Networks still drawing on NZ content as producers await “loophole” closure

Updated: Producers are not happy some networks are still drawing using NZ content to meet local quotas.

Producers are again calling on the government to shut a loophole which allows networks to pass off New Zealand content as Australian.

It follows data from the Australian Communications and Media Authority which found in 2017 networks played plenty of NZ content.

TEN: 65.78 hours
Nine: 56.84 hours

Under the Australia-NZ Economic Trade Agreement, NZ titles continue to be qualify as “local content.”

TEN acquisitions included Being Me: Sam, Forensics, Coverband and The Barefoot Bandits.

Nine drew upon NZ dramas including Step Dave, The Brokenwood Mysteries, Westside and Filthy Rich.

Updated: Seven screened 290 hours in factual titles across its channels including Border Patrol, Motorway Patrol, SCU: Serious Crash Unit, Nabbed and NZ on a Plate. A Seven source maintains Seven hit all its local Australian quota in factual content.

But Matthew Deaner, CEO of Screen Producers Australia, has called on commercial broadcasters to do the right thing when it came to local content compliance.

“To be honest, I’m disappointed, but not surprised; the trend to undermine the system continues. In 2017, over a dozen regional broadcasters didn’t meet their local content obligations. New Zealand content accounted for 25 per cent of Nine Network’s drama, 25 per cent of the TEN Network’s documentaries and the Seven Network broadcast 290 hours of New Zealand content. This makes a mockery of our local content system to the detriment of Australian audiences, Australian producers and the many thousands of Australian workers in the screen industry,” he said.

Late last year a House of Representatives committee proposed a solution to the New Zealand content loophole.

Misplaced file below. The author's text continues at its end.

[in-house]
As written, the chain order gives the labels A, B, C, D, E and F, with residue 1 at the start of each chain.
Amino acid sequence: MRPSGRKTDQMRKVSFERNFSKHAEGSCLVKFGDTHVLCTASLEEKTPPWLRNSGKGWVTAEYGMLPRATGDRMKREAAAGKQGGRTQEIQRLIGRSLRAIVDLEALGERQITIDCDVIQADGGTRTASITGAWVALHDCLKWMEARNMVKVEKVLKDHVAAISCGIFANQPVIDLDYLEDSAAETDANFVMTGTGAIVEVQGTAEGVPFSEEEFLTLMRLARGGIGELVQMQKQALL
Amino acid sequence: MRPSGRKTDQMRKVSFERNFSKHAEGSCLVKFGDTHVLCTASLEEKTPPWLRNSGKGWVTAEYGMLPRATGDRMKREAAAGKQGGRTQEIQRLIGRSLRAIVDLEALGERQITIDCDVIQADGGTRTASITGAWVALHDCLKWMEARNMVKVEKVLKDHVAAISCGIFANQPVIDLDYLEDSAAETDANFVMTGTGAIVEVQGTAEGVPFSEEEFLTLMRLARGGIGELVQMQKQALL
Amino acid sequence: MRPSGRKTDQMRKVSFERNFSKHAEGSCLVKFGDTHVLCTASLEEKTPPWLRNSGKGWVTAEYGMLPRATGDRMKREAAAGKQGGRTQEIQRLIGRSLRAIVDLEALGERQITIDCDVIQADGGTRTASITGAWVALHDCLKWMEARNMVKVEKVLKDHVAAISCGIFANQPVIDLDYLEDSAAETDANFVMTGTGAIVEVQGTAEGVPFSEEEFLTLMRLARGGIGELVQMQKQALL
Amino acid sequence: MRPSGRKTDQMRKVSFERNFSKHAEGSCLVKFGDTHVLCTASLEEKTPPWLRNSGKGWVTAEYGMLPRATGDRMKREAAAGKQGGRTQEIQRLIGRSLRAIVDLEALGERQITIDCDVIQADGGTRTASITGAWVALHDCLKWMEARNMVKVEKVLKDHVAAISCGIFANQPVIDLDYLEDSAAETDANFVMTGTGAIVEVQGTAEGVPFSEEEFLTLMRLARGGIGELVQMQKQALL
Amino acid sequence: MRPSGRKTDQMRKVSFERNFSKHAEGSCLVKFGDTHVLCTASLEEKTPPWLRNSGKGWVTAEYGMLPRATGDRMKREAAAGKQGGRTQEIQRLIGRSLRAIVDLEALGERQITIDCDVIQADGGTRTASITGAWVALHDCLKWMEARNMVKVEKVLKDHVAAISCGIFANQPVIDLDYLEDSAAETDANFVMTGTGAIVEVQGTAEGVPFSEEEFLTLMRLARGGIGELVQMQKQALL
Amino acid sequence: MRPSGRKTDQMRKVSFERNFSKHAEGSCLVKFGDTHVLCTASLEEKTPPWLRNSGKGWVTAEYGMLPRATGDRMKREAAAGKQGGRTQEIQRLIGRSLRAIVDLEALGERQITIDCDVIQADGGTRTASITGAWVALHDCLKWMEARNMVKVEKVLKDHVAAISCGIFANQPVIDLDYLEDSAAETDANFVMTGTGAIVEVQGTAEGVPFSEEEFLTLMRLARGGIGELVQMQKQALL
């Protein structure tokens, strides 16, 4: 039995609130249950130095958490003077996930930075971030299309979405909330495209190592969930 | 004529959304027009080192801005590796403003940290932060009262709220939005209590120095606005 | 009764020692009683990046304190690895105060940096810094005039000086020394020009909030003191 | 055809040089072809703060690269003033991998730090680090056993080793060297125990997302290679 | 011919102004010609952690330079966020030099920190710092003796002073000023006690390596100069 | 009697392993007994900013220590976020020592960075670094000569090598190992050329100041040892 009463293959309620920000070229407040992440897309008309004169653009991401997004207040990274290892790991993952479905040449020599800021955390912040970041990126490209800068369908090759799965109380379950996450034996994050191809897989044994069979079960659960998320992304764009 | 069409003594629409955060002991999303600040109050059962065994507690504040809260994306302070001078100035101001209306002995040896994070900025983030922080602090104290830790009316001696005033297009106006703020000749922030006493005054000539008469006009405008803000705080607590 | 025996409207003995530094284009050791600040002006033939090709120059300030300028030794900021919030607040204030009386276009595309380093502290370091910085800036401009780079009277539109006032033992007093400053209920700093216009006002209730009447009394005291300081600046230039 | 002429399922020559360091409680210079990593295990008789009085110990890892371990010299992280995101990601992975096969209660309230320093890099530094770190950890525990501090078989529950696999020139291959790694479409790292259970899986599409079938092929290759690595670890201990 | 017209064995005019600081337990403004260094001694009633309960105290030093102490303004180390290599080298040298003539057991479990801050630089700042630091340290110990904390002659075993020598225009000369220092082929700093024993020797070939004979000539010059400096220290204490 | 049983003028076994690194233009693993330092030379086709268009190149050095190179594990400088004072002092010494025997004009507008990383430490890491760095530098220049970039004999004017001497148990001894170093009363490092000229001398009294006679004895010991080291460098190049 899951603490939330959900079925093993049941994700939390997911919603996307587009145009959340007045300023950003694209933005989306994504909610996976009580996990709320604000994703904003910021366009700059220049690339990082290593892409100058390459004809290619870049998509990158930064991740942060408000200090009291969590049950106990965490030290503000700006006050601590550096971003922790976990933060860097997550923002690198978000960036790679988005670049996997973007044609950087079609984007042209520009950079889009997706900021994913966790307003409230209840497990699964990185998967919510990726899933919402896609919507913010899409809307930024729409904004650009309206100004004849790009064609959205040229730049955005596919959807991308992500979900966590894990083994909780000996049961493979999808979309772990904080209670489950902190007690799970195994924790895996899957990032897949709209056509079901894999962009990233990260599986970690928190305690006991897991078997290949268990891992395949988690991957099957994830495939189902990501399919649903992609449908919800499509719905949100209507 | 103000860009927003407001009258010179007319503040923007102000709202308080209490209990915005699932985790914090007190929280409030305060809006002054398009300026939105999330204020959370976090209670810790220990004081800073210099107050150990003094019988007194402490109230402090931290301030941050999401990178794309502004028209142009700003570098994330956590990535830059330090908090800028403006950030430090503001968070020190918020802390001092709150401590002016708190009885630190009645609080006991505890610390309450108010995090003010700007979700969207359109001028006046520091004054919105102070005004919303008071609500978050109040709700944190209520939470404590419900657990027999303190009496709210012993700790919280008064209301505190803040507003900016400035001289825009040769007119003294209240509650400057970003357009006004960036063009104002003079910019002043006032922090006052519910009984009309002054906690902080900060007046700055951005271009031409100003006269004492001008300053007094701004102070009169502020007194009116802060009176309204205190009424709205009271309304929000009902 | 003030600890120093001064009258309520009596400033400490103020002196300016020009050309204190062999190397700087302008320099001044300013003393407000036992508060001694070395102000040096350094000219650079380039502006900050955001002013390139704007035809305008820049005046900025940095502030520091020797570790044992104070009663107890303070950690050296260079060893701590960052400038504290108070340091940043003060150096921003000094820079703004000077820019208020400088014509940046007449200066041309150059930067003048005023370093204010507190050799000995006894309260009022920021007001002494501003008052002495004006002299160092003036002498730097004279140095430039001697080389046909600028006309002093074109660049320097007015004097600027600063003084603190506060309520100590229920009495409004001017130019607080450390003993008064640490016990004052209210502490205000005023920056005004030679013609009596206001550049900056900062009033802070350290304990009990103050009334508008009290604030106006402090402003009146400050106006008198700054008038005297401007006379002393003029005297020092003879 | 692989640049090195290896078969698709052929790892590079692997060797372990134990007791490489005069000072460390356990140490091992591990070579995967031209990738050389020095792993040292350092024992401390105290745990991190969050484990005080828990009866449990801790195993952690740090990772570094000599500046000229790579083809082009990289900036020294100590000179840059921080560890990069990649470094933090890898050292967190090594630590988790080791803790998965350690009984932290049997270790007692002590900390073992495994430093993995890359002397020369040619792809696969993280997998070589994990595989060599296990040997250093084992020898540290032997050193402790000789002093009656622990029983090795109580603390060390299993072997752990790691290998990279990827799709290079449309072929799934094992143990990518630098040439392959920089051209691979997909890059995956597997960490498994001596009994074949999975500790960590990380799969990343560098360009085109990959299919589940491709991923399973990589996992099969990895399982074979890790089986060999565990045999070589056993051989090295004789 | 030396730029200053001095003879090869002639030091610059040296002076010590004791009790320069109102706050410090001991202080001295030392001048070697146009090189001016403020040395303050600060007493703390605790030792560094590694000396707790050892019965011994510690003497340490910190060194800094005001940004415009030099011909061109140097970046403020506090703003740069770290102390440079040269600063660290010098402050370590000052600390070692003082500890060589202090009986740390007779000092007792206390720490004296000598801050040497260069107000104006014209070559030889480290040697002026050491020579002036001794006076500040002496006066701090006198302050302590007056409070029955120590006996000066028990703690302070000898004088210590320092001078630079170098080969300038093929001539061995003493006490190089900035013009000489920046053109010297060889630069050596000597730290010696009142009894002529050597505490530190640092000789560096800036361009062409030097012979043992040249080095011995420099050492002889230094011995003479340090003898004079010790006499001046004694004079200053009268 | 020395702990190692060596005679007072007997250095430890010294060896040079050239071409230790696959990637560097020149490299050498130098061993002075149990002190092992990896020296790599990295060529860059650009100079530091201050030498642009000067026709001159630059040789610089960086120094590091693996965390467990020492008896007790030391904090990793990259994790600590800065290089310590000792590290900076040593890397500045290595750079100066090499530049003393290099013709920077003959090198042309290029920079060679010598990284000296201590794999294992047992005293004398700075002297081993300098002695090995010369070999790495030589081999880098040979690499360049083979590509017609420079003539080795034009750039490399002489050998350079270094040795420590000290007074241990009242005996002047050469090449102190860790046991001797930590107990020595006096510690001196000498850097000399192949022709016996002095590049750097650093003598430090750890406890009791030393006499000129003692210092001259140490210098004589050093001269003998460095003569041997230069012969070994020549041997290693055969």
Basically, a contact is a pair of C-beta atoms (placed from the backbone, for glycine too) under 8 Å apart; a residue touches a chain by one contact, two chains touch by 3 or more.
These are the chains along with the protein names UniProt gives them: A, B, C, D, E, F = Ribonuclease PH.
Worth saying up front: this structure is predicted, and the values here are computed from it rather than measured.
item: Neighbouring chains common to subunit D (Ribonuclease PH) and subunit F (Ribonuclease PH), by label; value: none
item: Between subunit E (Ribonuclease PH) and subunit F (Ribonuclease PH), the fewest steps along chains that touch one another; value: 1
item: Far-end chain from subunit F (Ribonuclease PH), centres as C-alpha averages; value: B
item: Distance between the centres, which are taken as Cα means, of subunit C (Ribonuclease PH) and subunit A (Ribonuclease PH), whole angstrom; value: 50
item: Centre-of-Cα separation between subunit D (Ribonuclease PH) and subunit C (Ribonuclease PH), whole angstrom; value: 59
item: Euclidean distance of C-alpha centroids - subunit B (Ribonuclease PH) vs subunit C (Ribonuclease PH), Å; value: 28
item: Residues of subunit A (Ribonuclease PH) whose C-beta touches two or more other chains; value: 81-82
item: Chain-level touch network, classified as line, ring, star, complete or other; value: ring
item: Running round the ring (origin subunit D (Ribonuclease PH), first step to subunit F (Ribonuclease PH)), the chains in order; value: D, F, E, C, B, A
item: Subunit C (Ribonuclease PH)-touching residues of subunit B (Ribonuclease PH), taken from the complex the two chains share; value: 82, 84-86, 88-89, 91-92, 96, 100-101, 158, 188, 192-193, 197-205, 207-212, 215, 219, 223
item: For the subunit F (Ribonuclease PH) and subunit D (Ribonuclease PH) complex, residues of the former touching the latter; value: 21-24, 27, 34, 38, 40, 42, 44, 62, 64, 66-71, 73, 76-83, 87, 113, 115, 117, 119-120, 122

“We await the Government’s response to that report. But we need timely action because the current situation is farcical and if trends continue, it will become unsustainable for the industry. If there is no change, the Australian government will have a better system for New Zealand producers than the New Zealand government.”

Deaner also noted the broader context of the timing of the content compliance results.

“These results come at a time when commercial broadcasters have been handed hundreds of millions in broadcast licence fee reductions, called on the Government to launch a series of measures aimed at strengthening their competitive position to the detriment of all others in the supply chain and the market. Elsewhere, $140 million has been found for international productions and $84 million has been cut from the ABC. Most gallingly, the commercial broadcasters want their children’s obligations removed. Collectively, they spent $6.7 million on children’s drama in 2016-17. SPA stands ready to work with the commercial broadcasters on a mutually acceptable solution to children’s television, but the broadcasters must come to the table.”

6 Responses

  1. What is the other alternative, more reality shows. If seven replays House Rules any more times “Across the channels of Seven” we will be worn out. Twice a day on weekdays plus Saturday and Sunday afternoons. Yeah… local content. The other channels are just as bad with their reality shows. Don’t get me started with the morning show.